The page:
But the angel said to them, “Do not be afraid. I bring you good news that will cause great joy for all the people. Today in the town of David a Savior has been born to you; he is the Messiah, the Lord. This will be a sign to you: You will find a baby wrapped in cloths and lying in a manger.”
December 10, 2018
Dear Family in Christ Jesus:
“This will be a sign to you: You will find a baby wrapped in cloths and lying in a manger.” I sometimes wonder where the incarnation would happen were it to occur today? Would God choose to grace the lonely stable of some rural community, or would Jesus be born in a ghetto or a suburb? I am not sure that our bent toward worldly thinking would be content to allow or expect a stable bred messiah whose family might not have the resources (omit comma) or the inclination for his family to share the pictures on Facebook. As Os Guinness observes:
[Worldly thinking] develops Christians with an eye for the quantitative rather than the qualitative, for externals rather than inner reality, for performance rather than relationship, for the shallow rather than the deep, for evangelism in terms of the number of “decisions” rather than discipleship and growth in character, for the bandwagon rather than the Bible, for popularity rather than principle, and with a greater sensitivity to horizontal pressure than to vertical authority.
Guinness, Os. Renaissance: The Power of the Gospel However Dark the Times
(pp. 43-44). InterVarsity Press. Kindle Edition.
It is about this concept “from the inside out” that we get confused. Jesus came that worship, faith, and true life might be a transformation from the inside out. We too often reverse this by allowing externals like Christmas busyness, music, or lights to affect us from outside in. Our faith is not simply what we feel, desire, or even want. Jesus shed the externals by being born in a manger to nondescript parents. He was uncomely in so many ways, but that was God’s intent. No flash, no "bling," just God who came like one of us ordinary, struggling, average humans in a “blue collar” world. Isn’t that amazing?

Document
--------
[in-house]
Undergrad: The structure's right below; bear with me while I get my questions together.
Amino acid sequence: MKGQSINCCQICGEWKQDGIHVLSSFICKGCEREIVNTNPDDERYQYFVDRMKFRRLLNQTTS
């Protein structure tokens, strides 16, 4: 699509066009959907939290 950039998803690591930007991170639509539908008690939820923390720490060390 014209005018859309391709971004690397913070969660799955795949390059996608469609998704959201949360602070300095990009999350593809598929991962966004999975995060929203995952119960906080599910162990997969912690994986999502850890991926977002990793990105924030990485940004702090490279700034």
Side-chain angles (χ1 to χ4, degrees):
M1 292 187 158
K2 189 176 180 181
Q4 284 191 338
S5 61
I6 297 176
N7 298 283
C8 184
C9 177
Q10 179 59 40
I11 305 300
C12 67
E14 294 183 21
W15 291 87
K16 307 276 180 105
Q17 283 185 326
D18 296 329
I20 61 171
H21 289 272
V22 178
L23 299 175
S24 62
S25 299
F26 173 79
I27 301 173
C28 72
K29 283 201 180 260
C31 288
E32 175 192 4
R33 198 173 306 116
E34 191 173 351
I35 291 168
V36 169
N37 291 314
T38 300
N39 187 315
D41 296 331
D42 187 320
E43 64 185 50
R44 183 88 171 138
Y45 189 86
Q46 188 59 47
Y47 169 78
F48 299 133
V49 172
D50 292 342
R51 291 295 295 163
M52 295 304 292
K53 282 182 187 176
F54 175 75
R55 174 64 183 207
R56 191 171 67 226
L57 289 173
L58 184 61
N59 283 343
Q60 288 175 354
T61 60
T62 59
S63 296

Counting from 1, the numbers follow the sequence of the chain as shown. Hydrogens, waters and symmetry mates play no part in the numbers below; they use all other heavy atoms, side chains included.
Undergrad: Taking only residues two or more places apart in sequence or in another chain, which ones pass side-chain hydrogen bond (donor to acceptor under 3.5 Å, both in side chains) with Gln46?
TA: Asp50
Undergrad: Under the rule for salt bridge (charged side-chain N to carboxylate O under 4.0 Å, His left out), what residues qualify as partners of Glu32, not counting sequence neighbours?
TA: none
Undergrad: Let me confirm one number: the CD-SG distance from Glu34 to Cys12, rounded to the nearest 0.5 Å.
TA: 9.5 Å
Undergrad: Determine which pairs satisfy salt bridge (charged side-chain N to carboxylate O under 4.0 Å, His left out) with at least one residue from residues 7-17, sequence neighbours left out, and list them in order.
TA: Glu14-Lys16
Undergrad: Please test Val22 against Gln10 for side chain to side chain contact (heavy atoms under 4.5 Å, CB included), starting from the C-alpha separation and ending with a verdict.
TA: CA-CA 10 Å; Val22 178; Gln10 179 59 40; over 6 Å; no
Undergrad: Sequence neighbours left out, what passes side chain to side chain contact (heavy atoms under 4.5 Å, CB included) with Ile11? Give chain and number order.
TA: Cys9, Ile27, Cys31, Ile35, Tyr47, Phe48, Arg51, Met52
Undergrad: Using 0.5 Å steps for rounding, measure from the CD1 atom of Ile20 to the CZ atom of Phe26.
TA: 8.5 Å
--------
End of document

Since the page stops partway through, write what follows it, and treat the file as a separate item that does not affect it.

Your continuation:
To me it is amazing because it is so out of line with what I would expect. Wouldn’t Jesus have a “leg up” if he had been born to privilege? Imagine what he could have done as an emperor’s son? If for nothing more, Jesus would have commanded immediate respect because of his princely office, but he would have been extraordinary, not like me. I would honor him because of his robes and his birthright, not because of an inner connection common to all of humanity, the very image of God who comes to claim all of God’s own, from the inside out.
What is even more amazing is just what the ordinary can do when it gets transformed from the inside out. The earliest of Jesus’ followers were as humble as his birth surroundings, yet it was this “rag tag” crew that would go on to transform an empire from the inside out. They would go before magistrates and emperors with the inside out message of the Gospel that the first would be last, the poor would inherit the earth, and a legally condemned man, crucified as a criminal, would save them all. Despite the odds, the seeds grew, no matter how dark the time; the lives of those who felt the pull from the inside out followed to the transformation of the world.
We too face unsure times. We also feel the worldly thinking urging us to follow a different agenda in the halls of power. However, we too are children of that manger, that humble sign that faith is a journey from the inside out, not just for us or for some, but for the transformation of the world. As you come to the manger this Christmas, enjoy the lights, the music, the food, but always remember that the real journey is the one you make when you welcome the Christ Child into your heart and let him work his way out into our world. Merry Christmas.
Yours in Christ,